BY KARYL WALKER Editor -- Crime/Court Desk email@example.com Tuesday, March 11, 2014
JUSTICE Lennox Campbell yesterday instructed jurors to examine the evidence in the murder trial against entertainer Vybz Kartel and his four co-accused separately so as not to summarily convict or acquit the men.
|Entertainer Vybz Kartel (in shades) arrives at |
the Home Circuit Court in downtown Kingston,
yesterday. (PHOTO: BRYAN CUMMINGS)
With more than 60 days of the trial gone, the 11-member panel of jurors seemed at times jaded yesterday but after a late start due to the absence of one of their number, Justice Campbell began to sum up the evidence.
"You are the sole judges of the facts in this case. It is not the judge's verdict that is asked for, but yours and yours alone. Your verdict need not be the same for all. Review the evidence against all separately," Justice Campbell said, as he continued his summation of the high-profile murder case in the High Court in downtown Kingston.
The judge yesterday spent considerable time summing up the evidence of the prosecution star witness who he reminded the jurors was the only eyewitness in the case.
He told the jurors that the witness' evidence had changed under cross-examination as it related to a light on a cellular phone, which he first told the court was constant but recanted to say it was flashing during cross-examination from defence attorney Pierre Rodgers.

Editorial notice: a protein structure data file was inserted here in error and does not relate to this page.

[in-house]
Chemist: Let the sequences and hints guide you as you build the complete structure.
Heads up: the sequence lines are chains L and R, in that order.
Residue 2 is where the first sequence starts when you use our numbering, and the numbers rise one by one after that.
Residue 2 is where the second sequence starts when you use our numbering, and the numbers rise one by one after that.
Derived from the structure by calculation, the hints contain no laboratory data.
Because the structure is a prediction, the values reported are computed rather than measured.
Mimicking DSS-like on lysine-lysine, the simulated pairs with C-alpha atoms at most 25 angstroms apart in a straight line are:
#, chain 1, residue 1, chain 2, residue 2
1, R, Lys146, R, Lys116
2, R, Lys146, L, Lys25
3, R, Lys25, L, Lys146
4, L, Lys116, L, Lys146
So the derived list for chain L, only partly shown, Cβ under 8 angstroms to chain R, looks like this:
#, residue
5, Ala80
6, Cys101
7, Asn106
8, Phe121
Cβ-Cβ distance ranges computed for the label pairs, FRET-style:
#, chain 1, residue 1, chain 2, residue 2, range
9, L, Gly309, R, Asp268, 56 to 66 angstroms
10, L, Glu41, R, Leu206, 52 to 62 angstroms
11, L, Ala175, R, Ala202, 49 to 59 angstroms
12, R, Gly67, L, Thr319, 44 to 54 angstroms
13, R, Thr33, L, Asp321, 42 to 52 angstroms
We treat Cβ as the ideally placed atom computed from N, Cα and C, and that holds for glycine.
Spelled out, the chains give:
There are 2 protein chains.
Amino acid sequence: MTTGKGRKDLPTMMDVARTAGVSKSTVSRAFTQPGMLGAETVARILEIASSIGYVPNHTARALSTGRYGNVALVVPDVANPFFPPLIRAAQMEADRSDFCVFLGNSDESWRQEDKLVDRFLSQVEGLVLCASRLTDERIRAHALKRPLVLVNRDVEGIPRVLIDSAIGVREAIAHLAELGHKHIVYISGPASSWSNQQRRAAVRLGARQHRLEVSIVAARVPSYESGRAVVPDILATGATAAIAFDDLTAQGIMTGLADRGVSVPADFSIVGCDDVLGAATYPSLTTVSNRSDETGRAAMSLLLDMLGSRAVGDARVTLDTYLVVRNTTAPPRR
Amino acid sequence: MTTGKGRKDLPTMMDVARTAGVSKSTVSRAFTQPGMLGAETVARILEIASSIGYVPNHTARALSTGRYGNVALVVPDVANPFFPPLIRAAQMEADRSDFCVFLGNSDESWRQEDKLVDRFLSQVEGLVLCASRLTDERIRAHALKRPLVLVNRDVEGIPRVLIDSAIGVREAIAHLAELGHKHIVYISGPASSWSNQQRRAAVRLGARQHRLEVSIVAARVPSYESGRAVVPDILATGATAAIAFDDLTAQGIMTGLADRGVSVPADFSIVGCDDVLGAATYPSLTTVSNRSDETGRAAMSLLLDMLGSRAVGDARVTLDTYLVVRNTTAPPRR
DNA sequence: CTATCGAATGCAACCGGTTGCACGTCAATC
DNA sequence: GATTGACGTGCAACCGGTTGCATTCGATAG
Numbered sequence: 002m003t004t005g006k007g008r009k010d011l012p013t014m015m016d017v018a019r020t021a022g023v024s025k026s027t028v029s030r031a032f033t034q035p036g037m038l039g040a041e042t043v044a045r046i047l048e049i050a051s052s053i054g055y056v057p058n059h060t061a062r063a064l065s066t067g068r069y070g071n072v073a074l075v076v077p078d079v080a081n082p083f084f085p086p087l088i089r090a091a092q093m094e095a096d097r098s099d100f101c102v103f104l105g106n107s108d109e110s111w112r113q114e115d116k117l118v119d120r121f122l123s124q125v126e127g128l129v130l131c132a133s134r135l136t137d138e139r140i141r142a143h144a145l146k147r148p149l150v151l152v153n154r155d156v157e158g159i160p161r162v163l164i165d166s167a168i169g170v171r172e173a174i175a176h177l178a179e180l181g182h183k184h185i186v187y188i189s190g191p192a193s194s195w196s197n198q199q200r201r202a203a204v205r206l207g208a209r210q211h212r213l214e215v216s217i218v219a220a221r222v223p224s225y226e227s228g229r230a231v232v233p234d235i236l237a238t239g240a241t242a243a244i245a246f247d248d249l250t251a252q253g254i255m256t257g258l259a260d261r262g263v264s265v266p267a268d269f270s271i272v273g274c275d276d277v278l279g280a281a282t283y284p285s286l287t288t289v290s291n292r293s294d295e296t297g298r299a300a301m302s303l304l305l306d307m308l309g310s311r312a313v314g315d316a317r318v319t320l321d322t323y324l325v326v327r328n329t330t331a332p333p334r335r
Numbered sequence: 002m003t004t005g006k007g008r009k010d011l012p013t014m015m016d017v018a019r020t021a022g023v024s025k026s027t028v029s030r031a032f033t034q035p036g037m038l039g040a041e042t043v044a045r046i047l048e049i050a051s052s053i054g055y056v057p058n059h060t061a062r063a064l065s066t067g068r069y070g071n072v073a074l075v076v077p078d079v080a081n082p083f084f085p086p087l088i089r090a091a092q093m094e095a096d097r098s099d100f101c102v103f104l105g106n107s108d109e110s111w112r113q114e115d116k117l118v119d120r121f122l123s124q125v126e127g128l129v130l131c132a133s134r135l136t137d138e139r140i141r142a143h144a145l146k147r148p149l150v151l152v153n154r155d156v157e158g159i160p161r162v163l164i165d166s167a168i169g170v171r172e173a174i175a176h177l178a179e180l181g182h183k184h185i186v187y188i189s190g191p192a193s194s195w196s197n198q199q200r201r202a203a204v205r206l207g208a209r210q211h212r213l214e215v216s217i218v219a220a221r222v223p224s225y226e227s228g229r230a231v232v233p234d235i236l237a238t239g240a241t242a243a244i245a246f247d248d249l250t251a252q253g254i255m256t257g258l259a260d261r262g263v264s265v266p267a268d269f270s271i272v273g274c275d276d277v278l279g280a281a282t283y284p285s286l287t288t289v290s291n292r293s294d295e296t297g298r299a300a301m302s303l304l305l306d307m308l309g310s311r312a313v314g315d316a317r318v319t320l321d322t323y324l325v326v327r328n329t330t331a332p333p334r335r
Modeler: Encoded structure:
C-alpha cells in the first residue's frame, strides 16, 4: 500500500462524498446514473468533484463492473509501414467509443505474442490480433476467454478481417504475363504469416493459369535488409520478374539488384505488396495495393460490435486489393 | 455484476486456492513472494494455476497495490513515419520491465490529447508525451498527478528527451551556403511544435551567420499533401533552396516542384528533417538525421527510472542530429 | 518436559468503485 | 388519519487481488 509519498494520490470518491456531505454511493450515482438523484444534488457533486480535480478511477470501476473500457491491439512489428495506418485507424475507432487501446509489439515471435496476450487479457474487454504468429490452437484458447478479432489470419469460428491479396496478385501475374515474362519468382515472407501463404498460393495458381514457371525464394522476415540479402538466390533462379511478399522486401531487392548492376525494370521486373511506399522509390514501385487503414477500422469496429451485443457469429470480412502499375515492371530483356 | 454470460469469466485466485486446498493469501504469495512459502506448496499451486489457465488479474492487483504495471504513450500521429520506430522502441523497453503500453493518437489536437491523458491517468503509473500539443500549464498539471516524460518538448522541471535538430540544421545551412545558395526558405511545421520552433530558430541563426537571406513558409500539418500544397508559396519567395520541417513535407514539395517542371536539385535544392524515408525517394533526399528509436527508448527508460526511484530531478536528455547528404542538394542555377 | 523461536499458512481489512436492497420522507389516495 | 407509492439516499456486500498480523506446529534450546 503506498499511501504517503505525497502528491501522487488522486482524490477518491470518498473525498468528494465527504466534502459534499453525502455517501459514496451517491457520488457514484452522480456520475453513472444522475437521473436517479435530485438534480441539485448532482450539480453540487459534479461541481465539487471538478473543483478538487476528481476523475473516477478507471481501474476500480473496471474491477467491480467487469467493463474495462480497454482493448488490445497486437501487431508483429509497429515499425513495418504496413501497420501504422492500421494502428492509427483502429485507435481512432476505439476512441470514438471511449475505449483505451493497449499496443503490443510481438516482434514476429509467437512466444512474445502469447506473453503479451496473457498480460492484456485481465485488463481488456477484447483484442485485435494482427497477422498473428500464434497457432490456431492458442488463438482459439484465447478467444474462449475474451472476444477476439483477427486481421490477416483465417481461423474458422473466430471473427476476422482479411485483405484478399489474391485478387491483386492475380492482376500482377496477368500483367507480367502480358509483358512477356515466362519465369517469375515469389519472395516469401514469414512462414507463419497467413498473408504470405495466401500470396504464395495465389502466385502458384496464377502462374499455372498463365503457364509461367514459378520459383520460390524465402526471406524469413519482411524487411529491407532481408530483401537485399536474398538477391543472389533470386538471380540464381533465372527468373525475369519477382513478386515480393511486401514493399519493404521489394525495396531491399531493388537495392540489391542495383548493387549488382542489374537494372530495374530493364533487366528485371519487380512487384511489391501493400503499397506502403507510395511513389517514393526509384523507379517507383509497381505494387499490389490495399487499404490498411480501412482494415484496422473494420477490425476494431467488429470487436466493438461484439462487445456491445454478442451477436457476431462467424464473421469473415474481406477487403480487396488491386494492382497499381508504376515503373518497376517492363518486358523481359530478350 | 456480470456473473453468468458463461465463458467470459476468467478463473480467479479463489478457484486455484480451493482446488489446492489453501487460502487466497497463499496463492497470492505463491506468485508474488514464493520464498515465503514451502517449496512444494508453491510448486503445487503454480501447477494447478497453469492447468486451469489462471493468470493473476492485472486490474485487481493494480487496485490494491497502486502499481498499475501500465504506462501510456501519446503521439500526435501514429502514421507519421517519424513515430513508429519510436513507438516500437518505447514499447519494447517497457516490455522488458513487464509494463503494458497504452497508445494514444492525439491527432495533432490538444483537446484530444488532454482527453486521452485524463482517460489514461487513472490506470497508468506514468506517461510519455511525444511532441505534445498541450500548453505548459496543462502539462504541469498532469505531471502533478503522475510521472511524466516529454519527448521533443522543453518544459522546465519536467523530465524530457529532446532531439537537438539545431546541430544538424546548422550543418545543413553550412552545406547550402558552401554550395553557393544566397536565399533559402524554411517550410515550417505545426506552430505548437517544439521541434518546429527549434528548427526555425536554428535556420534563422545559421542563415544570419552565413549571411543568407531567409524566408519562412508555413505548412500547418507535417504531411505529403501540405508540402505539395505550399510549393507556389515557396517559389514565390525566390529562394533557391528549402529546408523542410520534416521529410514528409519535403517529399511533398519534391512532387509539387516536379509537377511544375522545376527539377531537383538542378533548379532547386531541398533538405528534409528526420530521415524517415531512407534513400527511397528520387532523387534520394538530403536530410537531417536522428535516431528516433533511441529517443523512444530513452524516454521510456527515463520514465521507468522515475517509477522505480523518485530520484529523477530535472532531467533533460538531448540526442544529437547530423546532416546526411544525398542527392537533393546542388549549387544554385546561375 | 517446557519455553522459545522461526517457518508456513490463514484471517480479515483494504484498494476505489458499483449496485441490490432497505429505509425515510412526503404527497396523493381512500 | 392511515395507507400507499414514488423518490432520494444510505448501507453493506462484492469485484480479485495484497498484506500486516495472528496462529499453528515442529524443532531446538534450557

He informed the jurors that eyewitness and voice identification evidence were very fragile and they had to consider a number of factors when considering the evidence in those two areas.
"I must, therefore, warn you to be very careful to convict anyone on eyewitness evidence. There have been wrongful convictions in the past," he said.
He said the jury must consider the length of time the witness had to see, the kind of lighting available, distance, and how long the witness knew the accused men.
"Voice identification poses the same type of danger. People sound like people. The danger is more acute," Justice Campbell said.
He also told the jurors that the only evidence entered against Shane Williams was a voice identification on a video, which was tendered into evidence by the prosecution.
The judge also mentioned the witness' testimony that he was invited to fly to Guyana with Kartel and Shawn Campbell to avoid being questioned and his refusal at one point to embark on the flight.
"He had never travelled overseas before with Mr Palmer so you may well ask yourselves why? Why that invitation?" he said.
Justice Campbell also spoke to claims by the defence that the star witness had concocted a story with the police to avoid a firearm-related charge.He said the first statement given to the police by the witness was done eight days after the alleged murder on August 16, 2011.
"The question I ask myself, Madame foreman, and your members, is when that statement was given how would the police know? Eight days after the police gave the witness a statement and answer it? How did the police know that 'Lizard' would not be seen again?" he said.
Earlier in the proceedings, before the jurors were ushered into the courtroom, defence attorney Tom Tavares-Finson and Justice Campbell briefly faced off after Tavares-Finson asked the reason two notes were handed to the court registrar by the prosecution during his summation last week. "What notes would that be?" Justice Campbell said.
"The notes were handed to me by the registrar. Maybe you can ask him," Justice Campbell said.
"The registrar is right here maybe your lordship could make the request?" Tavares-Finson asked.
"I will make no such request," Justice Campbell said sternly. "The notes contained corrections to your summation," a defiant Tavares-Finson continued. "This is very unusual, Mr Finson. I would have thought that after the judge's summation he would ask the defence if anything [was] left out?" The judge said. more